If you're in the market for a tablet device the iPad 2 should definitely be on your short list. If you're uncertain it is always best to go and play with these things hands on first if you can. Best Buy is a good place for that, so are Verizon Stores since they have the Xoom and 3G iPad. Don't get pulled into the hype and mania that comes with an Apple release. They're exciting and new, and they're impressive enough to warrant some excitement, but it will die down and there will be other products that prove a strong competitor to the iPad 2. If you're looking for right now though, this is probably your best bet. I gave the device 4 stars, as I did the iPad 1. I did this in contemplation of the features offered by competitors that are absent from the iPad, most notably the requirement for adapters for USB/SD/HDMI. While these features are there, they aren't as convenient as in other tablets. With that in mind I firmly believe that the iPad more than makes up for this in usability, reliability, and design and in those areas far exceeds its current competitors.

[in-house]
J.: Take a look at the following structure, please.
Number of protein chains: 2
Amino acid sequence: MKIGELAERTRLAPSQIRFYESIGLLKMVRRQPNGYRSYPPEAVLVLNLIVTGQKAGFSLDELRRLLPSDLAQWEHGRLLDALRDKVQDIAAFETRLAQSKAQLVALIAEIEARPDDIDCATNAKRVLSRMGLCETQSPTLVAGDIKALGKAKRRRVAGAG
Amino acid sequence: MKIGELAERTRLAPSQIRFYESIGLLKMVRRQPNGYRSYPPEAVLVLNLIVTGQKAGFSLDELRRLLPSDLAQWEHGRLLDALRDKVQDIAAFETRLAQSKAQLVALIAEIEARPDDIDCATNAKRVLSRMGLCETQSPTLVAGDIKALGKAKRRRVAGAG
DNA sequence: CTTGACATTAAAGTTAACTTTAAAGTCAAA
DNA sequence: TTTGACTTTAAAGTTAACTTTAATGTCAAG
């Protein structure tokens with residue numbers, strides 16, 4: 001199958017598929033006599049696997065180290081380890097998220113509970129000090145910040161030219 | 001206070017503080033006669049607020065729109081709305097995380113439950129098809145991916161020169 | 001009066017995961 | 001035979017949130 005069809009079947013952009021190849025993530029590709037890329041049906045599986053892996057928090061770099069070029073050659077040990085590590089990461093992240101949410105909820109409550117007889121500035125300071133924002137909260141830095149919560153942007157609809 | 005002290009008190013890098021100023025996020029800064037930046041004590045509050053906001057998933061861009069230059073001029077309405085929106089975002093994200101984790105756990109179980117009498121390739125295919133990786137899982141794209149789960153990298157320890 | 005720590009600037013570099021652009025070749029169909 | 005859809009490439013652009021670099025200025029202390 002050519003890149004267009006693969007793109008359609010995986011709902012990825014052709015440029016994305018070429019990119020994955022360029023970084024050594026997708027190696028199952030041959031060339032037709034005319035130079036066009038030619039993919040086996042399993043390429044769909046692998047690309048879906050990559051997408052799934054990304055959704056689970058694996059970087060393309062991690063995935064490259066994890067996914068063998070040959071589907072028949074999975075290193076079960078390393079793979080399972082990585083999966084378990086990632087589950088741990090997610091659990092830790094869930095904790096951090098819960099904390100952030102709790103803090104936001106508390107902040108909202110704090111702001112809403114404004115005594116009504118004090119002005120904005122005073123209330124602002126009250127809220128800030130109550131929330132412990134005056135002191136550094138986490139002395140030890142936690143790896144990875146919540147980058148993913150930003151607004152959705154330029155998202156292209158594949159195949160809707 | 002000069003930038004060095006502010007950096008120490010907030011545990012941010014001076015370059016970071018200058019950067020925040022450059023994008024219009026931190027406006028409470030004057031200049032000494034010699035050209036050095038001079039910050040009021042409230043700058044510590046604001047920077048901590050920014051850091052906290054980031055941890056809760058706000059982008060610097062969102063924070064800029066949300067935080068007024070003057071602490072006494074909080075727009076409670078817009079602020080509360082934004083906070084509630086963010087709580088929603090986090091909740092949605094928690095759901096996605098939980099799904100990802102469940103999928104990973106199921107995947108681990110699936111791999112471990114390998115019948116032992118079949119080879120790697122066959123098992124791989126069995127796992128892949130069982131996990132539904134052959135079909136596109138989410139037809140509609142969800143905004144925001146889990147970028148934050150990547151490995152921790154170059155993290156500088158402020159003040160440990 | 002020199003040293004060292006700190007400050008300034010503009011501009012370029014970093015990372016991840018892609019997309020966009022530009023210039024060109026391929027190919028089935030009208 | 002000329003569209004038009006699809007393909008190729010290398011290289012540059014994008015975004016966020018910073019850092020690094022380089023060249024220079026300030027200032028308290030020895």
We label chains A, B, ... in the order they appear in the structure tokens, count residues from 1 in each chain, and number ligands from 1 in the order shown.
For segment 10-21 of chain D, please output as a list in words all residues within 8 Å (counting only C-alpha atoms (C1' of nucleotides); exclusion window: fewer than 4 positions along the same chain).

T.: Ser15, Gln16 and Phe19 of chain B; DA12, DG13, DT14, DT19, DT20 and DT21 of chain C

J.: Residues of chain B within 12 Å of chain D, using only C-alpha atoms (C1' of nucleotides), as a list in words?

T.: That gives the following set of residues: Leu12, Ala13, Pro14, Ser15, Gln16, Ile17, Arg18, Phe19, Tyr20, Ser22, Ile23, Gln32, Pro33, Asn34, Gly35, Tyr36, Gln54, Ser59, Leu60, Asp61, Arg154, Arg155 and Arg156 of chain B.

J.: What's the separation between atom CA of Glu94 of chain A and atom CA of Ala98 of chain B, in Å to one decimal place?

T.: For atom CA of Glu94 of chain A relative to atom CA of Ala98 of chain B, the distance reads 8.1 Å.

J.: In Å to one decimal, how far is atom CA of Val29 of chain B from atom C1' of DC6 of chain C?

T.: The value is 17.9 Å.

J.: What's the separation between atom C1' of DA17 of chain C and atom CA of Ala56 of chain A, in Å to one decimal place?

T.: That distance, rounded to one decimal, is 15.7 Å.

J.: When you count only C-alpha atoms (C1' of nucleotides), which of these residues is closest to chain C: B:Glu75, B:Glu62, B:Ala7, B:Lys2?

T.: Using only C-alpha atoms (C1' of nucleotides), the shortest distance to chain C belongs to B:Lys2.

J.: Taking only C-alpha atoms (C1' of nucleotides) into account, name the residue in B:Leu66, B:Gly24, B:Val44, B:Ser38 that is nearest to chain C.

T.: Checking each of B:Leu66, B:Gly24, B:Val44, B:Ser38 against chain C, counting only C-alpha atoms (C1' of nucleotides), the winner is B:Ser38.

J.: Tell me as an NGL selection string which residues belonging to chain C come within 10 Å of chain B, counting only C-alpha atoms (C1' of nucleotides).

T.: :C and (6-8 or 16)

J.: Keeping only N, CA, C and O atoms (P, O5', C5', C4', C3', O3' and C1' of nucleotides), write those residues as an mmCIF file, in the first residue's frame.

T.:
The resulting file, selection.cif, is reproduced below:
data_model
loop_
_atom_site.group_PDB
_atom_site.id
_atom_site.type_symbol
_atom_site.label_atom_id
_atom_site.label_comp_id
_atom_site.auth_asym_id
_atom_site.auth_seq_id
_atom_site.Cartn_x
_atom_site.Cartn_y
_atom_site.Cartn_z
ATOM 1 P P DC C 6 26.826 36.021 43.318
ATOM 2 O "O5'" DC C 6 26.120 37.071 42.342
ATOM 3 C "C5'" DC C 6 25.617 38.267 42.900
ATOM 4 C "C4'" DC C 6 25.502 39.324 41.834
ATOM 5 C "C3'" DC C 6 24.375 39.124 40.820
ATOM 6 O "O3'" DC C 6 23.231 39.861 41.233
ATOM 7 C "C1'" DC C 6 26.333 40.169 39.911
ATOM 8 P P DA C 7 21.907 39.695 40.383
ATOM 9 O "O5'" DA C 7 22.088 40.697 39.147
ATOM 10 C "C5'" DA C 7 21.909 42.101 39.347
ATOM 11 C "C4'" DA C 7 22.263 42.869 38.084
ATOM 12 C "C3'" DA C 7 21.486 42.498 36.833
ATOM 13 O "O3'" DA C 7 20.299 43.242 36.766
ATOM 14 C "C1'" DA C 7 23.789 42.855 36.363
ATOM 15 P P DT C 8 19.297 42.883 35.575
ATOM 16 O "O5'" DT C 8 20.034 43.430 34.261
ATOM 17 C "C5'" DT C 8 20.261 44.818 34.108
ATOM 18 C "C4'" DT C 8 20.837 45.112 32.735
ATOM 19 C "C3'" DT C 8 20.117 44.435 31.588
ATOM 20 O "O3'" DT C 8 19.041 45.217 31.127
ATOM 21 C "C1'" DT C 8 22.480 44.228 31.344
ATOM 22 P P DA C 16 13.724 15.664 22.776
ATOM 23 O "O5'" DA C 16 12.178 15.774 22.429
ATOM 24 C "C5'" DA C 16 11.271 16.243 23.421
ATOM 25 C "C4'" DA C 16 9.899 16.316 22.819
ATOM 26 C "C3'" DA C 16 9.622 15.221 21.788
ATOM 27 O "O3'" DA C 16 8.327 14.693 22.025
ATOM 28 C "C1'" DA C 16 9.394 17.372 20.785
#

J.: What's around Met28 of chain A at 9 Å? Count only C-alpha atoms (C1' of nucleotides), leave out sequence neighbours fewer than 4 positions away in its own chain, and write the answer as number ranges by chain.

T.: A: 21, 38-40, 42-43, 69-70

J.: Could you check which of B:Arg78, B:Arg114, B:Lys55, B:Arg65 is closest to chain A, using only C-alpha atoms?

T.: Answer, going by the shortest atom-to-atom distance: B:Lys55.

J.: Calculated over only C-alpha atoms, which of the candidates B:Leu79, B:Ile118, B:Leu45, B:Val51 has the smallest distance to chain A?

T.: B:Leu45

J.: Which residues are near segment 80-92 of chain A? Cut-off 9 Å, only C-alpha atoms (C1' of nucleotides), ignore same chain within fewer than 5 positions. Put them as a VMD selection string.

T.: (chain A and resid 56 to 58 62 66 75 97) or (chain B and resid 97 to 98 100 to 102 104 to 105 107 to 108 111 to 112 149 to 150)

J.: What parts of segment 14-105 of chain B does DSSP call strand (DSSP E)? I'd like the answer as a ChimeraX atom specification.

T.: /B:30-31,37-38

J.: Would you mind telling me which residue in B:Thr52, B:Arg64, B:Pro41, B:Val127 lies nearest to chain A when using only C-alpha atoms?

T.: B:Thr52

Comment Comments (148) | Permalink | Most recent comment: Mar 13, 2014 7:33 PM PDT


No Title Available

6 of 9 people found the following review helpful
4.0 out of 5 stars A Step Closer, March 15, 2011
For anyone out there who is considering whether or not to make the leap and purchase the iPad 2, this review is for you. If you're still debating between the iPad 1 and the iPad 2 check out my review of the first generation iPad right here on Amazon to see a discussion of its strengths and weaknesses with a number of people commenting (both positively and negatively) over the past 11 months.